Fagioli are beans, a much-loved accompaniment to the main course, especially favored in Tuscany, whose citizens are known as mangiafagioli or bean-eaters. There are many kinds of beans grown in Italy, including some that have been brought back from near extinction. Green beans are fagiolini, by the way.
When presented with this dish, you may also be invited to season it with olive oil.
Certain areas where beans grow best are famous throughout Italy. You may never have heard of Bigliolo, but folks come from all over Italy for their yearly harvest festival. Bigliolo’s rich, alluvial soil poor in calcium makes the beans tender, creamy, and without much of that indigestible skin. They are cranberry beans, which loose their cream and cranberry colors when cooked.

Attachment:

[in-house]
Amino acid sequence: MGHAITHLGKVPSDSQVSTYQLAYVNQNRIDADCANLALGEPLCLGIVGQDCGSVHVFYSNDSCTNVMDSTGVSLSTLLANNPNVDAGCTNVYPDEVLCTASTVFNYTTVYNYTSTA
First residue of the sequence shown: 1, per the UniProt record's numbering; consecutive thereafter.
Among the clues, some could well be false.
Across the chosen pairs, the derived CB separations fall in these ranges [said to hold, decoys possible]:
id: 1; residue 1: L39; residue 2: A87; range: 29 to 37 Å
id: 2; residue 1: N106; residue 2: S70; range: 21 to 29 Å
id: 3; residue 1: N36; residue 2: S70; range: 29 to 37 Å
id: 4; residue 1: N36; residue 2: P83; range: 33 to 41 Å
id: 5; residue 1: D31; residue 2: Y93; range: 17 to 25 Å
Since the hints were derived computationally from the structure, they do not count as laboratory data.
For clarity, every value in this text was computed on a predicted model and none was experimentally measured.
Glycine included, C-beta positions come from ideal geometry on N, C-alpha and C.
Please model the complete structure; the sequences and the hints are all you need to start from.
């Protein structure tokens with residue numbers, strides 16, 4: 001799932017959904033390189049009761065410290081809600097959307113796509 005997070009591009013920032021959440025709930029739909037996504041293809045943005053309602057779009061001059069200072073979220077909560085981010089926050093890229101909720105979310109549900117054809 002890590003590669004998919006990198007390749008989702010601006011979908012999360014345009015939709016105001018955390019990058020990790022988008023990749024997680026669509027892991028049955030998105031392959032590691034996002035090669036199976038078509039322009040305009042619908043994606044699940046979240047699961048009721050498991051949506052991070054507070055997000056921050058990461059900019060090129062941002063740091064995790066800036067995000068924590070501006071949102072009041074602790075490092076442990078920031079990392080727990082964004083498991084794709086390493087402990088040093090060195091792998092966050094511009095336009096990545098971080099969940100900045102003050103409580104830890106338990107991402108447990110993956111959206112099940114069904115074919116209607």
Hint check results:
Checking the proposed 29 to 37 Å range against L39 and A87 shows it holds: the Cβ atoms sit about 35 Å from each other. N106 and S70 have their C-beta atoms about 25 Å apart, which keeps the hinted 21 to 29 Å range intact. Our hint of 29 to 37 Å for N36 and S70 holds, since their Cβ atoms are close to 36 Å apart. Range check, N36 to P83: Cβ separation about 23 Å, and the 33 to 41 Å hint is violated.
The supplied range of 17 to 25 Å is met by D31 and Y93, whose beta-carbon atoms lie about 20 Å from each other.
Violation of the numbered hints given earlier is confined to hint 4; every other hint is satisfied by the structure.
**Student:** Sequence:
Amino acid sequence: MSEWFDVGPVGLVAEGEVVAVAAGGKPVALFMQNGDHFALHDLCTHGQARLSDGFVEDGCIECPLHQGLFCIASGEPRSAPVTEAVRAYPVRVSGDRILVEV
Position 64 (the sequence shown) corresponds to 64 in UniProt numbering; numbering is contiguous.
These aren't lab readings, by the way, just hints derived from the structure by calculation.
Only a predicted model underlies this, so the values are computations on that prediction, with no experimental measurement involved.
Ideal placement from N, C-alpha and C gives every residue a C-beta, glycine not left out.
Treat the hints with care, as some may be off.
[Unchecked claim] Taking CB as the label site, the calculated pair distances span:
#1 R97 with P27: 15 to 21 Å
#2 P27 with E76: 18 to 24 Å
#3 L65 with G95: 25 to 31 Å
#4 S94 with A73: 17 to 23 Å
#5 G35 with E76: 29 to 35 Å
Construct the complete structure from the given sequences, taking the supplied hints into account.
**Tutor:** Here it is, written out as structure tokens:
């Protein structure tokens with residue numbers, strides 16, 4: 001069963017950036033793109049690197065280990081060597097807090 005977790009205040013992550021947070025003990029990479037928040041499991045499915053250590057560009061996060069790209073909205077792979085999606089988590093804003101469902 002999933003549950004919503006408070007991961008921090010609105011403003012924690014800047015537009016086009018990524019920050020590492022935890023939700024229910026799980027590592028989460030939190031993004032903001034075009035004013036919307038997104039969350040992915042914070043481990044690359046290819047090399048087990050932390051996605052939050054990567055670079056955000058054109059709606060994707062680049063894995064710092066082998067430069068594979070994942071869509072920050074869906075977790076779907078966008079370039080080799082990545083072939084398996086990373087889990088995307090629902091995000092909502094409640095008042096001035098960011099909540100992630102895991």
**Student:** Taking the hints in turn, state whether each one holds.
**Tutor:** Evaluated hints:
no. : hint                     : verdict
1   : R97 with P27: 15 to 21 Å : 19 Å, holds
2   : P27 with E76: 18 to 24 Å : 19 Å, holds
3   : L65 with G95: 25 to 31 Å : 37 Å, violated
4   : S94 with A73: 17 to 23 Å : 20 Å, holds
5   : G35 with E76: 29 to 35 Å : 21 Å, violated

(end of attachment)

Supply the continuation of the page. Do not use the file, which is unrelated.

In the region of Umbria you might find Fagiolina del Trasimeno, a slow-growing bean favored by the Etruscans that you don’t have to pre-boil and have oodles of taste. Although rare, you can find them for sale at the Madrevite Winery in Umbria near the border with Tuscany.
Onions are similarly diverse, and each region in which they grow well has a special type the locals cherish. You may have heard of the sweet Topea onion from Calabria. Even the little Molise region has it’s say, Isernia is famous for its onions as well. There are hundreds more. Onions alone make up the contorno called cippolini agrodolce, sweet and sour small onions.